The Great Barrier Reef bears third mass bleaching in five years

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According to Science News Magazine, the Great Barrier Reef has once again been bleached. This bleaching is the third major bleaching this region has faced in five years, the last being in 2016 and 2017. Results from a flyover show that sixty percent of the coral in the area were affected. Twenty-five percent of coral are severely damaged while the other thirty-five percent of affected coral have less extensive bleaching. “This is the second most severe event we have seen, but it is by far the most widespread,” says marine biologist Terry Hughes, director of the ARC Centre of Excellence for Coral Reef Studies at James Cook University in Australia. The bleaching spread through all areas of the Great Barrier Reef, affecting the northern, middle, and southern parts. ~

According to the National Ocean Service, “when corals are stressed by changes in conditions such as temperature, light, or nutrients, they expel the symbiotic algae living in their tissues, causing them to turn completely white.” The specific cause for this bleaching would be the increase of the surface temperature of the ocean this year. Australia’s Bureau of Meteorology claimed that February had been the warmest temperature for the surface of the ocean since records began in 1900. This increase of temperature caused the corals to eject most of the symbiotic algae that give the reef nutrition and its color. This ejection of the algae will cause some of the corals to die, Science News Magazine claims. ~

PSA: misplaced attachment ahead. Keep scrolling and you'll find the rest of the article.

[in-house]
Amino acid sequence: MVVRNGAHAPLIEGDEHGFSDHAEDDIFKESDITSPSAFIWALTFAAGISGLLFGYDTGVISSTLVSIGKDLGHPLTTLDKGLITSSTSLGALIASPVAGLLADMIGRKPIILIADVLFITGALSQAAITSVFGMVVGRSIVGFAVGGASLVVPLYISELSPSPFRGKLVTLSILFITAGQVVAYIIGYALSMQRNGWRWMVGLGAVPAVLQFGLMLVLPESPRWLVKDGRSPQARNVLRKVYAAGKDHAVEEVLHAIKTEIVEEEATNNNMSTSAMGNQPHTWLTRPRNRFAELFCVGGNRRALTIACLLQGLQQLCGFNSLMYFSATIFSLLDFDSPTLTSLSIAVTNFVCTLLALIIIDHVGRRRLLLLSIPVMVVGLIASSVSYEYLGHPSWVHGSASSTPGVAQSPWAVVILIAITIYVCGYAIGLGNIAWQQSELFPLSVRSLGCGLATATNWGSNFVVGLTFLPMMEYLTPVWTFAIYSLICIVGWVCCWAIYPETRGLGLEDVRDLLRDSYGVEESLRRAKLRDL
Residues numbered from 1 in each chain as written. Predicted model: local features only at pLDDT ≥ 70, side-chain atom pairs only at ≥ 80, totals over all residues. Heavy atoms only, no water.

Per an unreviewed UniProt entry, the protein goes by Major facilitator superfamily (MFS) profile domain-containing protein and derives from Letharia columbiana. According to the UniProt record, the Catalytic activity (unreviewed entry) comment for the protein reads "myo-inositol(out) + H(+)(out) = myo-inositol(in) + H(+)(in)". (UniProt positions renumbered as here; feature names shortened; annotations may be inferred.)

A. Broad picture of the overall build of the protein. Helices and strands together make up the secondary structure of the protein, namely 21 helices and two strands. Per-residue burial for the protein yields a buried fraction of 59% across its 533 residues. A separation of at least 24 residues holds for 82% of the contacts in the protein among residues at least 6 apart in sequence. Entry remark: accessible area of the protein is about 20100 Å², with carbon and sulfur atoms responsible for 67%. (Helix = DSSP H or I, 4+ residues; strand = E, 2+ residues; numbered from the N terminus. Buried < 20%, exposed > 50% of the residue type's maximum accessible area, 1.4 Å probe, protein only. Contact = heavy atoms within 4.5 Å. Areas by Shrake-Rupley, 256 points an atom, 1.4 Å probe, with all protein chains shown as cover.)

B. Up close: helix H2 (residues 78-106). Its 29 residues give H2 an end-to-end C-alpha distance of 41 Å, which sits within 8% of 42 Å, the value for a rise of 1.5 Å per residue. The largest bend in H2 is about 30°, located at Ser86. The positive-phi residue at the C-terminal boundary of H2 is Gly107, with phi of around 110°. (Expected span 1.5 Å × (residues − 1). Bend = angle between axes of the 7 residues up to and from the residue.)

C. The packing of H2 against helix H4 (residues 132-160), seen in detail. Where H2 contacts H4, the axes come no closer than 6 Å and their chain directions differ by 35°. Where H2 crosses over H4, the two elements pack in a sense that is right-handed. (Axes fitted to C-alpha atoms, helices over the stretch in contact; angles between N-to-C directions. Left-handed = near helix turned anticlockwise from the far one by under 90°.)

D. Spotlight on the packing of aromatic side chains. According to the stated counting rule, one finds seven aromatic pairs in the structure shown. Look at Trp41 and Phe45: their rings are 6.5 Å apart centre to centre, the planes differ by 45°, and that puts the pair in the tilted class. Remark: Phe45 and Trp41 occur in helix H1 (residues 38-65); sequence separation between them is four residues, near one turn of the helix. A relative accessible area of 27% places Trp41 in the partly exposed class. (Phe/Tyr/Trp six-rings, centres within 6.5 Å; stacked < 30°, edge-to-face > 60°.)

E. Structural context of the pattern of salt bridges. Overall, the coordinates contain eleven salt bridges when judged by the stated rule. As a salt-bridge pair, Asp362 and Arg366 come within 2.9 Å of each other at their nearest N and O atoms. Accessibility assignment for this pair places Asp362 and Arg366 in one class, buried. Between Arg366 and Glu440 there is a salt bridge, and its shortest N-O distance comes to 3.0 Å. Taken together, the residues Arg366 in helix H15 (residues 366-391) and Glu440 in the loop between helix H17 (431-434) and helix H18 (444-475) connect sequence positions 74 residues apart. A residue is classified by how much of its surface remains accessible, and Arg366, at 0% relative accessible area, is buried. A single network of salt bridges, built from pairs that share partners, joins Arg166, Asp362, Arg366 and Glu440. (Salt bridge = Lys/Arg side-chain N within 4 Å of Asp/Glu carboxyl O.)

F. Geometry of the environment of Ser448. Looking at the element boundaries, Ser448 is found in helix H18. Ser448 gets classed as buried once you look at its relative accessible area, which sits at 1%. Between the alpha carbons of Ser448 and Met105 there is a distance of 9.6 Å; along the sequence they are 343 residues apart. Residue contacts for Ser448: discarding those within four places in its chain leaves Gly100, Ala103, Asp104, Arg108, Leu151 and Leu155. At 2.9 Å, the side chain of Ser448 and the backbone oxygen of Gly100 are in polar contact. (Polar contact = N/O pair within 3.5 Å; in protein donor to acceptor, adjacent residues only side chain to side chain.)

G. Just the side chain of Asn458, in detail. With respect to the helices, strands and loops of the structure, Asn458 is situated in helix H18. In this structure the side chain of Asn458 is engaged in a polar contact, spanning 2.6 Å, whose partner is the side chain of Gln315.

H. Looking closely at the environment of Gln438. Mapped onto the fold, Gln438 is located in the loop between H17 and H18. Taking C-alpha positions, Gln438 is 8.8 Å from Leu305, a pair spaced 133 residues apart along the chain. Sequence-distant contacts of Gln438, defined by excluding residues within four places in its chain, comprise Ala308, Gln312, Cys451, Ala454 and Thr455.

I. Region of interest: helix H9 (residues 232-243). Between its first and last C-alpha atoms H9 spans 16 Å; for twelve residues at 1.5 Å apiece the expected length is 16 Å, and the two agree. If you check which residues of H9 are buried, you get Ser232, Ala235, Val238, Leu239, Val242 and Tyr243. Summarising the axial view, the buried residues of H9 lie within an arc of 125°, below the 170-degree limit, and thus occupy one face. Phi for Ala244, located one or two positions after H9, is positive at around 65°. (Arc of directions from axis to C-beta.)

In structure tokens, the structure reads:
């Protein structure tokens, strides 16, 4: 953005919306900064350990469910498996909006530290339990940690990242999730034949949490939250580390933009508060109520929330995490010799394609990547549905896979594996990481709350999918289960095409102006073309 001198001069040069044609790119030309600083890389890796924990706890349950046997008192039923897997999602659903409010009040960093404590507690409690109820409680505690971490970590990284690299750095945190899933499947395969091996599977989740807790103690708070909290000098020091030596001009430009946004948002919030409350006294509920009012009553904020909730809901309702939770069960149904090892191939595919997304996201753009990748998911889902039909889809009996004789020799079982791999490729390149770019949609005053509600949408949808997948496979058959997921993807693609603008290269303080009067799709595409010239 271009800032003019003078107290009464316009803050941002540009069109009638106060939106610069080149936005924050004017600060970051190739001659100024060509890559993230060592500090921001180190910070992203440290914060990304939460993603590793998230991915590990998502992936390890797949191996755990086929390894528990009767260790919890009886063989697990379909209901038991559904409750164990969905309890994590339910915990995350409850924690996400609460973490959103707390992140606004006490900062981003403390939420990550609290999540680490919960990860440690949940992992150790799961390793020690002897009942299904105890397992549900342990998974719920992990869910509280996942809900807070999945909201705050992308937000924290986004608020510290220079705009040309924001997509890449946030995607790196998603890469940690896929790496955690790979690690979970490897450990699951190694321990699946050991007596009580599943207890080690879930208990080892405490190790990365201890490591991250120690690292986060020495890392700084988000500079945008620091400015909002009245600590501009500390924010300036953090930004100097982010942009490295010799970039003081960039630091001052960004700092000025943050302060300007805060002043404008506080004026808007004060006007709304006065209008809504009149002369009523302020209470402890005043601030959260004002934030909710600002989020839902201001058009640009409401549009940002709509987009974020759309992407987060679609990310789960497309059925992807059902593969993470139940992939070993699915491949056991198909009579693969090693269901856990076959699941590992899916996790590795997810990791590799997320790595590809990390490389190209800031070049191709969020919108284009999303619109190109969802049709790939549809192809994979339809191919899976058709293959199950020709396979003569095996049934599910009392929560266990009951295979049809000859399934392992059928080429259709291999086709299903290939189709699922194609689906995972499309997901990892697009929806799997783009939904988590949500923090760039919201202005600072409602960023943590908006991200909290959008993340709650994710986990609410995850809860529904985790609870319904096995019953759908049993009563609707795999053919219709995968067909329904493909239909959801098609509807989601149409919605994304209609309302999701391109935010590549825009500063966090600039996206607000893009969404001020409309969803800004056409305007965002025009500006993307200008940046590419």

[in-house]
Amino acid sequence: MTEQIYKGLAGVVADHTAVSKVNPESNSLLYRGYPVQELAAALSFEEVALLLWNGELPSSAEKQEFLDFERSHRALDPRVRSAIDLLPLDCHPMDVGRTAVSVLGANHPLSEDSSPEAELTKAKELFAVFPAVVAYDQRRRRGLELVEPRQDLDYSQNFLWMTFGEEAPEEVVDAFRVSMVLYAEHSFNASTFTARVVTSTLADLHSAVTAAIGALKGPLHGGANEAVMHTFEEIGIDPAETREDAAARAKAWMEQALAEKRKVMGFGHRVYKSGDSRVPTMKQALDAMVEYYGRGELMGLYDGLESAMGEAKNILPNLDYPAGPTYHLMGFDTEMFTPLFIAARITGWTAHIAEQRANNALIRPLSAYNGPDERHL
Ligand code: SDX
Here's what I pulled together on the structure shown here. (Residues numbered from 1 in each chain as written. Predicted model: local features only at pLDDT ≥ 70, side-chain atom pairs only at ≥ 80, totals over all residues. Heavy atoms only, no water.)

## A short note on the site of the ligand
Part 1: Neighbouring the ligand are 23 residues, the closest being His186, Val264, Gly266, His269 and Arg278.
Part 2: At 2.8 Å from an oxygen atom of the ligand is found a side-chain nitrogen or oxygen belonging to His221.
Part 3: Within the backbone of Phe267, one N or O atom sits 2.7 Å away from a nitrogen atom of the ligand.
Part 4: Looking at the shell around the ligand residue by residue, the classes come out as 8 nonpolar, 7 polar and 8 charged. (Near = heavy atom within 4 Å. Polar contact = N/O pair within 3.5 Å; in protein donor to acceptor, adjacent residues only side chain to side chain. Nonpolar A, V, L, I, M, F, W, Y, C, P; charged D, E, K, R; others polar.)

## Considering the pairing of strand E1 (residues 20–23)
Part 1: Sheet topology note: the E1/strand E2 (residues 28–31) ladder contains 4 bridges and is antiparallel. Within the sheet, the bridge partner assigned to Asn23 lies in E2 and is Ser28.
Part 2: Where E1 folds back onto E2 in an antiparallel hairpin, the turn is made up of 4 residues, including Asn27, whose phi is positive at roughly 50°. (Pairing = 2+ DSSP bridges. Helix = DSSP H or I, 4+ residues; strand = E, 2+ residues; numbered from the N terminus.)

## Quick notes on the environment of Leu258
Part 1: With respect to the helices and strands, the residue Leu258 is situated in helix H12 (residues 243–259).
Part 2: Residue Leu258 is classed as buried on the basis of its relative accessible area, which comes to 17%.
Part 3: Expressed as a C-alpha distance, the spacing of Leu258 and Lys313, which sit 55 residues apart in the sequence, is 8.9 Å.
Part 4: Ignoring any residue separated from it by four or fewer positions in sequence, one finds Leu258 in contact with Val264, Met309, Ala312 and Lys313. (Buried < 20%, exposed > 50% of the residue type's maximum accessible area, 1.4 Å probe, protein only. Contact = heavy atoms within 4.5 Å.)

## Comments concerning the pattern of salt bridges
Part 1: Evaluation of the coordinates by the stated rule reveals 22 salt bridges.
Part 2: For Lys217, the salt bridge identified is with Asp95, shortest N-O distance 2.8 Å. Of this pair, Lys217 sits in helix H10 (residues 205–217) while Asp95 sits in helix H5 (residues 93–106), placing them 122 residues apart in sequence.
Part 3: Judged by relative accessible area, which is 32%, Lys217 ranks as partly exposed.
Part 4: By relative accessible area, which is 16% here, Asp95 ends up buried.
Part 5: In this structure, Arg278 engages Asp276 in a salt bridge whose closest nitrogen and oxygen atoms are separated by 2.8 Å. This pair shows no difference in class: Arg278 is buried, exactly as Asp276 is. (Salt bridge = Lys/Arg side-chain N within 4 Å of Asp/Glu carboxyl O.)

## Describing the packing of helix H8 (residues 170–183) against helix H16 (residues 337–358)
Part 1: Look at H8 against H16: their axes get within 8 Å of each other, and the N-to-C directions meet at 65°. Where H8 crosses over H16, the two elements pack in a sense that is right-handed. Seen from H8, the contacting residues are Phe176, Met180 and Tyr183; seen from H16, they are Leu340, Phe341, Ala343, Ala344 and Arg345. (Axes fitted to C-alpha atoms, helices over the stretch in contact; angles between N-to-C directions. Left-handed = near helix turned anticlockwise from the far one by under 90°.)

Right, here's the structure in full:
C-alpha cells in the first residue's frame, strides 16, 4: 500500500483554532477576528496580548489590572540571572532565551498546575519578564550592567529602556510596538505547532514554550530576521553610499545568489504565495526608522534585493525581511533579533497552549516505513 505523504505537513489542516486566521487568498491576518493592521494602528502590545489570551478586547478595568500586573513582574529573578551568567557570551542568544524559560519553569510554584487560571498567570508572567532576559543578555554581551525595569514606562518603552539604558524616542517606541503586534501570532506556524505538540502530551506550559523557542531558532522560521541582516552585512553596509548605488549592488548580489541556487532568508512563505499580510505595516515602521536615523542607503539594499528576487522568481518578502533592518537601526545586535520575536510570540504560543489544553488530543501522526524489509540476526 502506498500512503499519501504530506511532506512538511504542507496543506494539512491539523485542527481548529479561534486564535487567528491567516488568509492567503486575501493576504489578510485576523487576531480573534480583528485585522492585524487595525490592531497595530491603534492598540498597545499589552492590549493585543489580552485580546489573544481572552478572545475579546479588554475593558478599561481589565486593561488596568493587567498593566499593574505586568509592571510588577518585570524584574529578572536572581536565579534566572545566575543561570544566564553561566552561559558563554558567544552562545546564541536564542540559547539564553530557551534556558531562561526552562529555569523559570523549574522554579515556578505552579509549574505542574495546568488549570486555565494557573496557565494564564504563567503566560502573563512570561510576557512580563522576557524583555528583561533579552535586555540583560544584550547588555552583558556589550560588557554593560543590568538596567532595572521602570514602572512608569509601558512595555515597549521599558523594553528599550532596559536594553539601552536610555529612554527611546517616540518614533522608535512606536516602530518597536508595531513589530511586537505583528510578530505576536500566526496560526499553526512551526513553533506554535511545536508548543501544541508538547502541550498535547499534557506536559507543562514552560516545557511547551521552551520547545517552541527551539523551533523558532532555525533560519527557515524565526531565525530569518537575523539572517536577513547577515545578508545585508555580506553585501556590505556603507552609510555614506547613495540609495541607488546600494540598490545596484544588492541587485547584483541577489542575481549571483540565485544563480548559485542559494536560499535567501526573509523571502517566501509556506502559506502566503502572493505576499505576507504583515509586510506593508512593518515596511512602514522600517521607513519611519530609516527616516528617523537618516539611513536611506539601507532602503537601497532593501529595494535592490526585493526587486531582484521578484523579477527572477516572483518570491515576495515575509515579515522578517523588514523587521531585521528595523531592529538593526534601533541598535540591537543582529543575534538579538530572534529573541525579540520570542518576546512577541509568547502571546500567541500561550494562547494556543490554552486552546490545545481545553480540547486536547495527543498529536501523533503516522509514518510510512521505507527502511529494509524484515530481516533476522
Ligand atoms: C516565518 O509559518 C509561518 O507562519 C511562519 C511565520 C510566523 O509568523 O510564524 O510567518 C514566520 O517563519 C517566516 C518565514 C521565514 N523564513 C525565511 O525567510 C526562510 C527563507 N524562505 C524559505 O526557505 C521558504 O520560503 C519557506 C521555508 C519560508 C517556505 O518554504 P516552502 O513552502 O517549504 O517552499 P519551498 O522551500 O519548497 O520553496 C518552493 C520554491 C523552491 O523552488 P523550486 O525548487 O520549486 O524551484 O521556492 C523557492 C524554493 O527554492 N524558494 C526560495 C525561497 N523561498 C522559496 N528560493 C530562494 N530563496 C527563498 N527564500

These bleachings are taking place more often and leaving less time for the reef to recover in between. “Those gaps [between bleachings] are important because that’s the opportunity for corals to rebound and make a recovery…. It takes about a decade for the fastest-growing corals to fully rebound,” claimed Hughes. According to predictions by Hoegh-Guldberg, who studies coral reefs at the University of Queensland in Brisbane, Australia, if this trend continues, in about ten years there will not be much left of the Great Barrier Reef. Hughes claimed, “Optimistically, if temperatures don’t rise too much more, we’ll still have a reef, but it’s going to look very different” (Science News Magazine). ~ 

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